6. Consider the impact that gaming can have on education. Follow the work of Jeannette Eicks (Vermont) and Stephanie Kimbro (Stanford), both of whom are working on projects that involve gaming and law. Read James Gee, What Video Games Have to Teach Us About Learning and Literacy (2003); James Gee, Good Video Games and Good Learning, at http://dmlcentral.net/sites/dmlcentral/files/resource_files/GoodVideoGamesLearning.pdf. Educational games are available for a variety of topics, including civics, see http://www.icivics.org/ (a game-based website started for former Supreme Court Justice, Sandra Day O’Connor); climate change, see http://www.bbc.co.uk/sn/hottopics/climatechange/climate_challenge/; national conflicts, see http://www.peacemakergame.com/game.php; and even algebra, see http://www.dragonboxapp.com.
7. Monitor the impact that recent decisions by law schools to develop online programs for non-JD degrees has on programs at other schools, such as the decision by graduate tax law programs at, among others, Alabama, Georgetown, NYU, Villanova, and Boston University to offer their programs online. Read Distance Learning in Legal Education: A Summary of Delivery Models, Regulatory issues and Recommended Practices. Attend a meeting of the Distance Learning in Legal Education Working Group, organized by Vermont Law School professors Rebecca Purdom and Oliver Goodenough. The group meets three times a year, once in the fall (which is in a few weeks at William Mitchell School of Law), once during the AALS Annual Meeting, and a third time in the spring.
8. Monitor the effectiveness and reaction of law graduates who take online bar preparation courses such as Themis.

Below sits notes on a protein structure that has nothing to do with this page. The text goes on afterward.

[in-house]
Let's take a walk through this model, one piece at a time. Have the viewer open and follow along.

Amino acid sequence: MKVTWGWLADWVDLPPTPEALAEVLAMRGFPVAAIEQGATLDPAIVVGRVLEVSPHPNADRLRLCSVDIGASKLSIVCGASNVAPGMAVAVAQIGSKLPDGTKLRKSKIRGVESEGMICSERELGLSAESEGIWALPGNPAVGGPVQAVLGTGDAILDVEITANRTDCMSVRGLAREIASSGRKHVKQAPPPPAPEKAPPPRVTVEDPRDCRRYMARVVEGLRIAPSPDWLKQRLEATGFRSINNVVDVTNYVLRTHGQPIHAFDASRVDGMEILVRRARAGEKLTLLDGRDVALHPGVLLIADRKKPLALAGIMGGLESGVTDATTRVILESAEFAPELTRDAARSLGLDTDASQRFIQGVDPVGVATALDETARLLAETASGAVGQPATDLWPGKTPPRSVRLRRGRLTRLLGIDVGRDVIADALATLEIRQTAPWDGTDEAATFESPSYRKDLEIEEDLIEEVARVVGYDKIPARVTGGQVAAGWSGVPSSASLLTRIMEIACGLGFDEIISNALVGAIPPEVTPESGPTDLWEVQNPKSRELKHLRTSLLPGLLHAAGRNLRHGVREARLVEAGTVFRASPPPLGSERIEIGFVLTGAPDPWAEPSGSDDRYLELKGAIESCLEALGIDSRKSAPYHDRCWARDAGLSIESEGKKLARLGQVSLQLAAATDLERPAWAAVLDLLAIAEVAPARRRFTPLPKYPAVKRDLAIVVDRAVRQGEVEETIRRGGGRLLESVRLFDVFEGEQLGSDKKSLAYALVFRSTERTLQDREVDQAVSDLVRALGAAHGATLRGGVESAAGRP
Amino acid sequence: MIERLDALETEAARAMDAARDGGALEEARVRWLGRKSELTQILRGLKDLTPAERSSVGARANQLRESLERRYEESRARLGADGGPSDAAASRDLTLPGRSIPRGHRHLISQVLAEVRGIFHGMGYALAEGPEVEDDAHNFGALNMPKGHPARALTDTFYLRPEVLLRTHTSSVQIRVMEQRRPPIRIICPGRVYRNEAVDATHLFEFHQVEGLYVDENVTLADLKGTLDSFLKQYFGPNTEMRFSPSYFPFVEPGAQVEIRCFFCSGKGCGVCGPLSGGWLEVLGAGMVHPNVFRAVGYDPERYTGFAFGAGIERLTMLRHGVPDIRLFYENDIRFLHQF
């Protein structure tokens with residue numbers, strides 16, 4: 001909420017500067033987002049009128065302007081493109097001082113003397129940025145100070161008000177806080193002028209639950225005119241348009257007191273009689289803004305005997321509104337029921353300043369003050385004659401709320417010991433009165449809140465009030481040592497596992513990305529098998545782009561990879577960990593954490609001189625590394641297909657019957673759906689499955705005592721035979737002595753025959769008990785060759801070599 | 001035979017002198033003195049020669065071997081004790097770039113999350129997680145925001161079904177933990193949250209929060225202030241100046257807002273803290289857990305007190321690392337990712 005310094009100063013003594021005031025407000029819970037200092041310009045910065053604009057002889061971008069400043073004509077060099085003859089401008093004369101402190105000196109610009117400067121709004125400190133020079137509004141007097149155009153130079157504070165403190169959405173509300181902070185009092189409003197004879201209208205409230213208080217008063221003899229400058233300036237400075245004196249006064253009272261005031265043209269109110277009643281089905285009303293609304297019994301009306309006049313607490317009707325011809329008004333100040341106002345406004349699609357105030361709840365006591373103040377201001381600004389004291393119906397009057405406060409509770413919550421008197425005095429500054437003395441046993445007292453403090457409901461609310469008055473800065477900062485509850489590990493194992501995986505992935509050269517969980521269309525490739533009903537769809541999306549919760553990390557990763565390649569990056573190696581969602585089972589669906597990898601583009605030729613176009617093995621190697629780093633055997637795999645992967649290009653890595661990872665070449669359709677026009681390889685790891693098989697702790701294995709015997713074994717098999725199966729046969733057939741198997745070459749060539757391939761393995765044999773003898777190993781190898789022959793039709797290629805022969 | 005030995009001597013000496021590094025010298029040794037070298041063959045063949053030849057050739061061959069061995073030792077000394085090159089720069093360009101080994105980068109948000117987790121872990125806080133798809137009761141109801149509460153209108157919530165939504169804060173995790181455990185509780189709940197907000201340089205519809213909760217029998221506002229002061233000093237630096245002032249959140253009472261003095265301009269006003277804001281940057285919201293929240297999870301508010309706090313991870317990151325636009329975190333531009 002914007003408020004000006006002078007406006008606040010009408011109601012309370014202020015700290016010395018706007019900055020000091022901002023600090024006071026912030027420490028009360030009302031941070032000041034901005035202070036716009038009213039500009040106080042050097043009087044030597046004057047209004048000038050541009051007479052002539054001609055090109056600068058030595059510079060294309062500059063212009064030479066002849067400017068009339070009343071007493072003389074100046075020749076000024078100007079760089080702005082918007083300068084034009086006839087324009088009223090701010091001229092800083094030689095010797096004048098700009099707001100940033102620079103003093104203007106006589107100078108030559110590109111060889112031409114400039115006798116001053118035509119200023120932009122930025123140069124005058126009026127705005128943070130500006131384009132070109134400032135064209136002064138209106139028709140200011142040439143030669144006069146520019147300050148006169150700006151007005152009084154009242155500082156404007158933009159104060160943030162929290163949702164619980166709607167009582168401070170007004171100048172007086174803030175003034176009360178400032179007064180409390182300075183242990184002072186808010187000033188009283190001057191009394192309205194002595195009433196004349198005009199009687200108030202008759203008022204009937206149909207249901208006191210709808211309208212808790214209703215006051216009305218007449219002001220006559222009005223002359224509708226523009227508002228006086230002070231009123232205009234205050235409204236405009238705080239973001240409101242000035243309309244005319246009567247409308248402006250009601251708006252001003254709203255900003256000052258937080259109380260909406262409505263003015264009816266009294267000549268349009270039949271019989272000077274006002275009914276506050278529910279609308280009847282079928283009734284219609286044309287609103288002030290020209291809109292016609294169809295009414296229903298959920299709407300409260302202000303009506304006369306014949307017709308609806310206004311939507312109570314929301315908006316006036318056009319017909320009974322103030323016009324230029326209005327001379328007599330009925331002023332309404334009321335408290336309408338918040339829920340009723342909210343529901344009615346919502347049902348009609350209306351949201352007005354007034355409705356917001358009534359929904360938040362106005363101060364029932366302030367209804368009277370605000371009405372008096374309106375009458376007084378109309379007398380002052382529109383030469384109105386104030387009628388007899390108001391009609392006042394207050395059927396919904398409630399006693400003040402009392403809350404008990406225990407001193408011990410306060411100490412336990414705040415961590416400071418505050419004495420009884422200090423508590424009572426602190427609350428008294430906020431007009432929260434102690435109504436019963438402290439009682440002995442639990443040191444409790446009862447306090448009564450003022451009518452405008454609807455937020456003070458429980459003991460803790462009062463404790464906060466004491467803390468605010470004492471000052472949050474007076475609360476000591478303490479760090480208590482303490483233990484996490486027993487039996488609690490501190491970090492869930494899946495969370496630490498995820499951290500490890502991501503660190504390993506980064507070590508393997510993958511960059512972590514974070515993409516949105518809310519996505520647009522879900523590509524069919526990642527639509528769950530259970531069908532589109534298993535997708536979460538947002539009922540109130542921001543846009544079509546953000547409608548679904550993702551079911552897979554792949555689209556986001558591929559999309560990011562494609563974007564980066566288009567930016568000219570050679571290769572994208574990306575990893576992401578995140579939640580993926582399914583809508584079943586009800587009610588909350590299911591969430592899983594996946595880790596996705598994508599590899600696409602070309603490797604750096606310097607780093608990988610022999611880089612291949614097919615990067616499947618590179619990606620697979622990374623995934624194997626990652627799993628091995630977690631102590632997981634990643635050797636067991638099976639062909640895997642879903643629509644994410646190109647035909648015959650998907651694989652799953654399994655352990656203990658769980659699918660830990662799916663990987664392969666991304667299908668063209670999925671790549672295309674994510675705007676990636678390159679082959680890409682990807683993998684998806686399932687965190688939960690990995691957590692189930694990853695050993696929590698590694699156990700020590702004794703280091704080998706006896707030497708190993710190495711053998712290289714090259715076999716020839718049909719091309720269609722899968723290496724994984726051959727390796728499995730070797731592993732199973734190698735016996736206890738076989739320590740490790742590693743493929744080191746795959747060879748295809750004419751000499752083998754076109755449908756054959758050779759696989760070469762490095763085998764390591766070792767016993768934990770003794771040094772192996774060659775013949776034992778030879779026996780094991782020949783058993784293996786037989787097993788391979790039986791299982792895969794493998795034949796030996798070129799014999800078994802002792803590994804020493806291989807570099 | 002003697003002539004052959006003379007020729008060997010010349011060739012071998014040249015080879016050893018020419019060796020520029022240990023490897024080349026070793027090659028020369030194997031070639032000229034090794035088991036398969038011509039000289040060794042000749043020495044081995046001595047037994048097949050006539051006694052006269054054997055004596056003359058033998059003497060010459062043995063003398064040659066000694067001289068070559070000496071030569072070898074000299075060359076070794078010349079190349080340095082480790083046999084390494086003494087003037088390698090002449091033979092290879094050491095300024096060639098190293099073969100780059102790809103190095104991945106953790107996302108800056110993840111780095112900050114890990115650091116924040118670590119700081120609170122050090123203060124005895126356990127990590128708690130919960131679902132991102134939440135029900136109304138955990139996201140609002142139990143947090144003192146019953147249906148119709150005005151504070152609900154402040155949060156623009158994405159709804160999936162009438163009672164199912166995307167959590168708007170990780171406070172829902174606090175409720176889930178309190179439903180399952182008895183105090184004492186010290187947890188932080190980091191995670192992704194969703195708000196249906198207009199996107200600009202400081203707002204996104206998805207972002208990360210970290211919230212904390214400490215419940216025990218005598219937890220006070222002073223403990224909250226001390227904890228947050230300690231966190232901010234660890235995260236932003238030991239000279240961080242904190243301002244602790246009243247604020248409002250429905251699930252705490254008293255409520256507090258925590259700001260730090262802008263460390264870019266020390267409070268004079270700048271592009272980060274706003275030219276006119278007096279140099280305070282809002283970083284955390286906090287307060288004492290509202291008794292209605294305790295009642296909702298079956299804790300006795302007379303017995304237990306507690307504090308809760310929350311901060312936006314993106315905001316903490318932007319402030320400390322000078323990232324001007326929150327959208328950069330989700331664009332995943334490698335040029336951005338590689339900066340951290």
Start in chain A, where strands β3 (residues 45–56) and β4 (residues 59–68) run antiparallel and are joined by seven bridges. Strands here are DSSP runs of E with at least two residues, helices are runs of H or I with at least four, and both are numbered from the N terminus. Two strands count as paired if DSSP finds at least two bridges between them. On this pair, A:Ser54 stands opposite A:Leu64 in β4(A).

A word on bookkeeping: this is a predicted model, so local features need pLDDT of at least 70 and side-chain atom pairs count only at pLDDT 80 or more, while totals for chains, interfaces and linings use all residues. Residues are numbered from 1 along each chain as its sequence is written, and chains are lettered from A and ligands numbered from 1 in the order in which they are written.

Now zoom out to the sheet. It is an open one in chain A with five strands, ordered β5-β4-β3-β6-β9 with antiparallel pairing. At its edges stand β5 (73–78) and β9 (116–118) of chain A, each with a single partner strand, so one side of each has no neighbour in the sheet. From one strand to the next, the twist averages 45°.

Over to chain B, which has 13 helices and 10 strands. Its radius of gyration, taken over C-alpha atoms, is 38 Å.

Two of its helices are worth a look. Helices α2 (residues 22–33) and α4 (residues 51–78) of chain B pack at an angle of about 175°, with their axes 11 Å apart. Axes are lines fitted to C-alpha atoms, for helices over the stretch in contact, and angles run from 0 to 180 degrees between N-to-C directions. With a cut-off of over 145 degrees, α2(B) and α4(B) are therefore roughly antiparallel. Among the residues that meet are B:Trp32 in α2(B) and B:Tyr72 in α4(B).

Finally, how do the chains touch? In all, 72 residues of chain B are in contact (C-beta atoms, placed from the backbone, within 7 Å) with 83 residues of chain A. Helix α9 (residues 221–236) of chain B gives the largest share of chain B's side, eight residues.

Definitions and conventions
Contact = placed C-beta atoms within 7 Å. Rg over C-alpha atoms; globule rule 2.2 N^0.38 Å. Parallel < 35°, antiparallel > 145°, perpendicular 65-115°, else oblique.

9. Explore some of the new apps being developed for iPads and Androids to teach legal concepts. Law Stack is an Apple app for legal research loaded with various federal statutes. Law School Dojo, by Stanford Law’s Margaret Hagan, is an app with quizzes on legal concepts for a range of subject matters, including contracts, torts, civil procedure and international law.
10. Register for and attend the 2015 AALS Clinical Conference, May 4-7 in beautiful Rancho Mirage, CA. The theme of the conference is the “New Normal.” One of the three tracks for the conference is devoted to the future in the “new normal,” both for the practice of law and for legal education. As to law practice, we hope to address how professors can understand the rapid and profound technological change that could well remake law practice and how those changes can advance our work for social justice. We want to explore how changes in service delivery and structure of law practices can and should impact our teaching. And we hope to address how professors can better use technological advances and insights from learning sciences in their teaching.
The internet, the driver of all the changes and developments noted above, is a technology and a tool that, for the reach and extent of its often disruptive and its often liberating effects, can be compared only with the printing press. When writing of Gutenberg’s invention, Elizabeth Eisenstein, a careful and meticulous historian of immense reputation, wrote (favorably quoting Renaissance scholar Myron Gilmore) in her two-volume magnum opus, The Printing Press as an Agent of Change, that “’[i]t opened new horizons in education and in the communication of ideas. Its effects were sooner or later felt in every department of human activity.’” As I explain in my recent article, I strongly believe that “[s]o too it is, or sooner or later shall be, with the internet.”
Are there things I am missing? Add them in the comments below.